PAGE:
- Very different, and almost as good: the FT have lunch with Daron Acemoglu (register!) at a Hunnanese restaurant and—in-between mouth-watering descriptions of the food (I am very hungry right now)—there is a lot of discussion about the broad strokes in which economics has gotten the science of understanding how the world changes wrong. Daron’s productivity and the quality of his output has made him a meme among economists (my favourite: “Every time Daron Acemoglu sits down, it counts as a conference”), but this interview really highlights how big the questions he asks are. It’s a bit part of why he’s such an important economist, even if you don’t always buy the answers.
- I’ve been thinking a lot about poverty measurement recently, so I thought this was brilliant: Aart Kraay and co-authors have come up with a new, very intuitive and distribution-sensitive way of measuring welfare. The premise is straightforward: pick a level of income that you consider to be sufficient, or to denote a level of welfare that you want to consider for your analysis. Then you simply calculate the average factor by which individuals would need their income to be multiplied to reach that level—basically, by how much, on average, do incomes need to be multiplied by till they reach the level you care about. I need to read the underlying paper still, but the idea is really quite appealing.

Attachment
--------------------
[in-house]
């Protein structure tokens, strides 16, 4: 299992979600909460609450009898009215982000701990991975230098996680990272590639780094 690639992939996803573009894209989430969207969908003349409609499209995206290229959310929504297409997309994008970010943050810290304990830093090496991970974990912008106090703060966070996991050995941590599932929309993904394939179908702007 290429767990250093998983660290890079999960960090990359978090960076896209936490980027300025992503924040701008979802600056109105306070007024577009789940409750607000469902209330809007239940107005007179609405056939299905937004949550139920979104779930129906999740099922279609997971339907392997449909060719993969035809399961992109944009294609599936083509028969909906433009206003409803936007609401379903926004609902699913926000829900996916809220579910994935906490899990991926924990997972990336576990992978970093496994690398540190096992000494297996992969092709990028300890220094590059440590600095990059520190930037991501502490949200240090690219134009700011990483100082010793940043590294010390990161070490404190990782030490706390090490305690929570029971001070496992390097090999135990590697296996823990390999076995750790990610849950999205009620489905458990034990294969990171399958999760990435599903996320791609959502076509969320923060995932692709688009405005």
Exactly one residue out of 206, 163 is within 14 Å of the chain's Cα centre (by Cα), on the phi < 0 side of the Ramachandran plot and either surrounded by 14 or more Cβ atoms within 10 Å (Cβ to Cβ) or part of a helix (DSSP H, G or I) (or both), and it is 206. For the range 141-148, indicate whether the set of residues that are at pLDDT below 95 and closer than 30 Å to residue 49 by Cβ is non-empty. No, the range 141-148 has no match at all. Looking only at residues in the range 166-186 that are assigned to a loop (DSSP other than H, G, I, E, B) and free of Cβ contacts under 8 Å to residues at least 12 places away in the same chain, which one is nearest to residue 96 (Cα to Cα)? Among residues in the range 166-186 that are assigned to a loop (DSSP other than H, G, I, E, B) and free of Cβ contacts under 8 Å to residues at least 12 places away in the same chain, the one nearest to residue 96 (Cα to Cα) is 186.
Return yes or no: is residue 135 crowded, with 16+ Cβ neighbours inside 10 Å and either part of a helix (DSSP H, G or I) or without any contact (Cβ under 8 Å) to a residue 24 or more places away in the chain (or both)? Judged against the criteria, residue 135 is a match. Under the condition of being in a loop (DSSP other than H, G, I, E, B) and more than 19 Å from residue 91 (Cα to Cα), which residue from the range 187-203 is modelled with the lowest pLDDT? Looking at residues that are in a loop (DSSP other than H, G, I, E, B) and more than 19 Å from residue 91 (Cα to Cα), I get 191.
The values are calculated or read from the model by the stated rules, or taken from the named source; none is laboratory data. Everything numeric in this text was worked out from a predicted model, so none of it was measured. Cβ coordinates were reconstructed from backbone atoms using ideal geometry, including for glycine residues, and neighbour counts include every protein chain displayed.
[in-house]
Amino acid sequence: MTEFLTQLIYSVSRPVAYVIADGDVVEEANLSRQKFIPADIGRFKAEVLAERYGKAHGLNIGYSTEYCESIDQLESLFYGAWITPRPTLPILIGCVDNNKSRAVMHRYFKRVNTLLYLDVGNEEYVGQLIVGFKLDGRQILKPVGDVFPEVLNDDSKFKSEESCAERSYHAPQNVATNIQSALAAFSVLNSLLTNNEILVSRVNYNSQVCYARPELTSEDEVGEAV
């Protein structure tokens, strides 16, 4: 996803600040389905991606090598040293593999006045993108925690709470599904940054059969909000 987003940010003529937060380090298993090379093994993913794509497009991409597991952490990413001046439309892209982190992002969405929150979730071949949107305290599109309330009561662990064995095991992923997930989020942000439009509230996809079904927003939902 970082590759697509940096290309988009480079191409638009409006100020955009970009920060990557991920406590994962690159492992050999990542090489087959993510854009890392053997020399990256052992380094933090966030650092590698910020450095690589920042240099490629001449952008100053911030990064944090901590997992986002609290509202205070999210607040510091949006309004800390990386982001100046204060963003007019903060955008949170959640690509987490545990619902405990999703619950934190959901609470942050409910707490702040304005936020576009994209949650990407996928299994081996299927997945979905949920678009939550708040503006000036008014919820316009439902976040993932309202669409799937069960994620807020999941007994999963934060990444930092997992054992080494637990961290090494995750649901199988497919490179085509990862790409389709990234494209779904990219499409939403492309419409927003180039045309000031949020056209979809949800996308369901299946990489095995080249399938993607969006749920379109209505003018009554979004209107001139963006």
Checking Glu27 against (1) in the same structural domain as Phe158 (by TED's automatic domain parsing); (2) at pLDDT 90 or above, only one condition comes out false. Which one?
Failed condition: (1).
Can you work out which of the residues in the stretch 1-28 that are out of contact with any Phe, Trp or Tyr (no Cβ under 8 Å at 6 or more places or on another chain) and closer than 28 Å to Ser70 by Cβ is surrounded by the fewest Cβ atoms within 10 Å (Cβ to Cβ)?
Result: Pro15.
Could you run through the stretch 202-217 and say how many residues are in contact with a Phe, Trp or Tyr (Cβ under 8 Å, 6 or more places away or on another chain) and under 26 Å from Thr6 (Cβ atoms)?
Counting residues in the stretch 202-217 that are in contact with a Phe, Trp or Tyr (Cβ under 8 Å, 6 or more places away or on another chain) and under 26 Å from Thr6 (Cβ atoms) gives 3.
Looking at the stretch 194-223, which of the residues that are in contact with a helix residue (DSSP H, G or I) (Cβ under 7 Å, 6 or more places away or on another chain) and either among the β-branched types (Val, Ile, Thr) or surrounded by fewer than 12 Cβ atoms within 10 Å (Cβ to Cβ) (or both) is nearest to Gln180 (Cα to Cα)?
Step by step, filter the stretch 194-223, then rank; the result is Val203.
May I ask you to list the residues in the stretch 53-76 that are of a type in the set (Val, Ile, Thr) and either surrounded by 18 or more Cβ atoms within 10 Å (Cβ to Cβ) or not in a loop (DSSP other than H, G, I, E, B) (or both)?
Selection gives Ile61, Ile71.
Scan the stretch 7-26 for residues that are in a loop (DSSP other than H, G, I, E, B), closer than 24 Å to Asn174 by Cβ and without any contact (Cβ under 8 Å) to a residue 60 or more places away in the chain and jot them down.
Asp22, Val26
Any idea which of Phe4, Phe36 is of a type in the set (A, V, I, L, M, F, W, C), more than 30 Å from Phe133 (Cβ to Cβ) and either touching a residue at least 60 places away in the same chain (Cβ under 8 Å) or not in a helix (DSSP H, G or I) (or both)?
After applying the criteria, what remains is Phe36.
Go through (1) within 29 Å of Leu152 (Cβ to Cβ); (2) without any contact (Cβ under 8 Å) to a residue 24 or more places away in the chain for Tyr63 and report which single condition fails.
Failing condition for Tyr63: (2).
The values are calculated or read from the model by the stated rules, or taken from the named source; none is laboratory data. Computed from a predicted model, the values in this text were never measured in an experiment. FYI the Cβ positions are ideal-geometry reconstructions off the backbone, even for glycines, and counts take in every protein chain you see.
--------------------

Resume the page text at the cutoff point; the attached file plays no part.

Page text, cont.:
- Here’s an interesting one: a new paper uses a regression discontinuity design to suggest that getting the shingles vaccine can reduce your chance of getting dementia (primarily for women, it seems). Alex Tabarrok summarises the paper at face value here; but there was some scepticism online. Paul Novosad thought the data wasn’t a complete slam dunk and the possibility that there was really no effect shouldn’t be discounted; Jessica Pickett pointed out another possible weakness. As a thought experiment, for what decisions would you think this paper is strong enough evidence to act? While it doesn’t make me think the book is closed, and no more research is needed (and probably as a policymaker, I hold fire before deciding to make national, free shingles vaccines available to every adult or child), it’s enough to make me want to get vaccinated myself, and to get my kid vaccinated too (since chickenpox is miserable for some children). It illustrates a more general point I think we don’t appreciate enough: that evidence strength should be evaluated as a function of the decision point it contributes too.